Doel also cites a tweet by Rational National contributer Keith Boykin, about the other subjects he can’t go into in this short video. These are the Koch brothers’ desire to abolish state schools, social security, rent control, Medicare and Medicaid. He funded the Tea Partyand groups that denied climate change . They also used dark money to fund right-wing causes and Republican politicos. 

Doel also makes the point that the Kochs also weren’t philanthrophists in any sense of the word. All their funding was entirely in their own selfish interests. He cites an article from the New Yorker that quotes the National Committee for Responsive Philanthropy, who found that the Kochs’ donations were to organisations that directly affected their profit margins. And Koch didn’t even try to hide. He admitted that the family issued tight ideological control. If the organisations to which they gave didn’t do what they wanted, then the money was withdrawn.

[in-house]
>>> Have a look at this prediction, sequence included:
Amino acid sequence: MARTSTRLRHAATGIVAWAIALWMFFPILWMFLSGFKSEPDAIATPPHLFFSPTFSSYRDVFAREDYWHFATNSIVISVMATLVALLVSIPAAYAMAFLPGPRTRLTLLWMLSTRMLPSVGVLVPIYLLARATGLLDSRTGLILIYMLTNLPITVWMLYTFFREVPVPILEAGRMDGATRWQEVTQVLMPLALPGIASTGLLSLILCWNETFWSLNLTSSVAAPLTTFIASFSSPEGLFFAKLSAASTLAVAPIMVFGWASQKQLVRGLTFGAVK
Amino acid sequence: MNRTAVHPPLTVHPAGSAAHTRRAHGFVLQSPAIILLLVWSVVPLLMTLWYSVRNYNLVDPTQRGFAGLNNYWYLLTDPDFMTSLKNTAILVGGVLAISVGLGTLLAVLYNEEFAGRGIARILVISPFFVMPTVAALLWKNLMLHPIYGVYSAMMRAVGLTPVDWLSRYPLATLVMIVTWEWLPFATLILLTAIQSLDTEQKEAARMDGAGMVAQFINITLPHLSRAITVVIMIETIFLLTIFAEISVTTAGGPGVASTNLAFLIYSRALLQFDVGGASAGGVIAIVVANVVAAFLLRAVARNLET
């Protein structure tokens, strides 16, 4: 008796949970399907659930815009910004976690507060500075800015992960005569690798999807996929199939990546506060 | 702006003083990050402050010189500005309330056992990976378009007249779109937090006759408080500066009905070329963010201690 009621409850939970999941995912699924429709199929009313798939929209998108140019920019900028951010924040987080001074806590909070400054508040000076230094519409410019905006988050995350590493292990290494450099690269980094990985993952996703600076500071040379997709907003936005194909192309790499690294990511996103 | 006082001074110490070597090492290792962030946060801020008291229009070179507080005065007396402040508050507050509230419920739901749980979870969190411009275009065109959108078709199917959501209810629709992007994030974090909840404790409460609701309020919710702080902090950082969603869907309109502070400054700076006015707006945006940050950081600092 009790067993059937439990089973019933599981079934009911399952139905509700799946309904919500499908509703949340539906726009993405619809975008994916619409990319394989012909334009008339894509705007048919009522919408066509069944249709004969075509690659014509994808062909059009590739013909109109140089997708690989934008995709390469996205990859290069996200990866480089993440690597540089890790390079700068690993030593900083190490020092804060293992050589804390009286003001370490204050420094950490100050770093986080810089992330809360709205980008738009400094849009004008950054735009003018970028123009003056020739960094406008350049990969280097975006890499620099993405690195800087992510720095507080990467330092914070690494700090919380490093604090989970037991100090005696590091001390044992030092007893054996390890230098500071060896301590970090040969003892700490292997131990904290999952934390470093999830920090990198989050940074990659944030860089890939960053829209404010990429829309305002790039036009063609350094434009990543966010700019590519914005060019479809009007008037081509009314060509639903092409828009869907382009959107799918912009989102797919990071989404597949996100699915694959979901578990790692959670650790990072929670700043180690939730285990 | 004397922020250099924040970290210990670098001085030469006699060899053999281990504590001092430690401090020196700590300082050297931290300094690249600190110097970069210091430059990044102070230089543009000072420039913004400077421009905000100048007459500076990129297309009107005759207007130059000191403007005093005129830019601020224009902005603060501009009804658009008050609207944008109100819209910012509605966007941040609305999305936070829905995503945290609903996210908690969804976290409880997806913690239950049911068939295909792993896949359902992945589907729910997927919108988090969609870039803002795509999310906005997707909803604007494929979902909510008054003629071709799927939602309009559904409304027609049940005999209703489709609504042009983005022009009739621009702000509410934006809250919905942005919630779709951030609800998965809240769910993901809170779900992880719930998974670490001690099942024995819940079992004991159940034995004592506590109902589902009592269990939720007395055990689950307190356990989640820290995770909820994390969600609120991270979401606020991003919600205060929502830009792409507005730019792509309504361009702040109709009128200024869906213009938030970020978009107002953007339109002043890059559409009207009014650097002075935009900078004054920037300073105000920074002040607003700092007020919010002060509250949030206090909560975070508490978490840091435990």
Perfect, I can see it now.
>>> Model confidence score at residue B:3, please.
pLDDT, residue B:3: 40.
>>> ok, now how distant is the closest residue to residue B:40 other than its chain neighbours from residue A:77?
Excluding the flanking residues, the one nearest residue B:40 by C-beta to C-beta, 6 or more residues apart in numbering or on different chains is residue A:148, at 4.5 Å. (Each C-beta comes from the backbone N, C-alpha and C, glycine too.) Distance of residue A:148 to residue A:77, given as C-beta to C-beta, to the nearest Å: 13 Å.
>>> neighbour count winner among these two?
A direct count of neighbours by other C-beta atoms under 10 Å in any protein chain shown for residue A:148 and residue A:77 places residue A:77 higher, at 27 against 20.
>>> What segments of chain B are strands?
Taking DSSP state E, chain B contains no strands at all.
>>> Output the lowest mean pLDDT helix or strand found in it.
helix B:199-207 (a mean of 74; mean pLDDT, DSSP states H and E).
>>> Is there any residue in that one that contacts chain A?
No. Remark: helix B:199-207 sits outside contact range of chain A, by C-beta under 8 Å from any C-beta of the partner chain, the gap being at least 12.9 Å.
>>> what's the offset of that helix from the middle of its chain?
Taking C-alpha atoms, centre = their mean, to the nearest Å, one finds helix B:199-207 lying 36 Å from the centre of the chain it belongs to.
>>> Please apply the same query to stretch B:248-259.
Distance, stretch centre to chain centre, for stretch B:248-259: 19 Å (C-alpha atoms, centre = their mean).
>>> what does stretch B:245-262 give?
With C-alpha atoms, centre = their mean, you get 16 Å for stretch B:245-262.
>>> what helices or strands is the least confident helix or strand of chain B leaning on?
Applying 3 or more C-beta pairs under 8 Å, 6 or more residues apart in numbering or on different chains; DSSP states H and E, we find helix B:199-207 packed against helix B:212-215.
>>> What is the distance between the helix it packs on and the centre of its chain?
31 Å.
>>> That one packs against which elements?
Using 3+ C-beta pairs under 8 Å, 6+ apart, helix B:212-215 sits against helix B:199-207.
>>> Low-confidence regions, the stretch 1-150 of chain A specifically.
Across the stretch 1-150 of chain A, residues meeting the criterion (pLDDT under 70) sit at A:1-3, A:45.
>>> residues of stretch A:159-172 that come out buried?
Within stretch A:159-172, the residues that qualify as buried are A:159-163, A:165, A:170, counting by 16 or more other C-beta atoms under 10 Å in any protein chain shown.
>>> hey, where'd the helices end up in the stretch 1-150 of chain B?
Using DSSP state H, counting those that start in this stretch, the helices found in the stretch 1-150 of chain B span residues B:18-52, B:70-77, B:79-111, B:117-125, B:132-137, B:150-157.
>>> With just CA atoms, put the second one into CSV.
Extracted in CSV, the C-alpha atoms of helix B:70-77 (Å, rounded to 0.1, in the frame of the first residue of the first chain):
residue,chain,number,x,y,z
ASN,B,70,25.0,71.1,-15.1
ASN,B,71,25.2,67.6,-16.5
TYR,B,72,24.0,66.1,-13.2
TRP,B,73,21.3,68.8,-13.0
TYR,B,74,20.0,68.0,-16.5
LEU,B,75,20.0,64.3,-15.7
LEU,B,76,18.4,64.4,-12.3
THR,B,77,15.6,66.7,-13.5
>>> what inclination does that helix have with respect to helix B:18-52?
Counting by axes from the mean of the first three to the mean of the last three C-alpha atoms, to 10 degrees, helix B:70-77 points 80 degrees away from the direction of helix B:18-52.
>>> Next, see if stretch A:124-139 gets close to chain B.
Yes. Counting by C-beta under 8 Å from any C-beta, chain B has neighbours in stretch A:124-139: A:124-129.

Doel concludes by summarising David Koch’s career, stating that he was a horrible person. And I can’t see any reason to argue with that. 

One of the beneficiaries of the Koch brothers’ money over here is the infamous Spiked magazine, which was given $300,000 by the millionaire dirt-wads. And so editor Brendan O’Neill smears the international concern about the destruction of the Amazon as racist and imperialist. O’Neill was torn to shreds for his shameless lying and gross propaganda on twitter, by people strongly criticising him for his patronising attitude towards the working class as well as his defence of the destruction of the world’s supply of oxygen. One, Alex Tiffin, said of O’Neill that if Corbyn demanded tougher sentencing for child abuse, O’Neill would immediately write an article demanding its legalisation. See Zelo Street’s excellent article on about this sorry piece of spurious journalism at

He concludes: ‘Brendan O’Neill spouts his climate change denial garbage because those who have fucked the climate pay him to do so. End of story.’

I’m left wondering what other right-wing groups in the UK are also being funded by the Kochs, not least the Tory party. I’m sure the surviving Koch brothers are absolutely delighted by BoJob.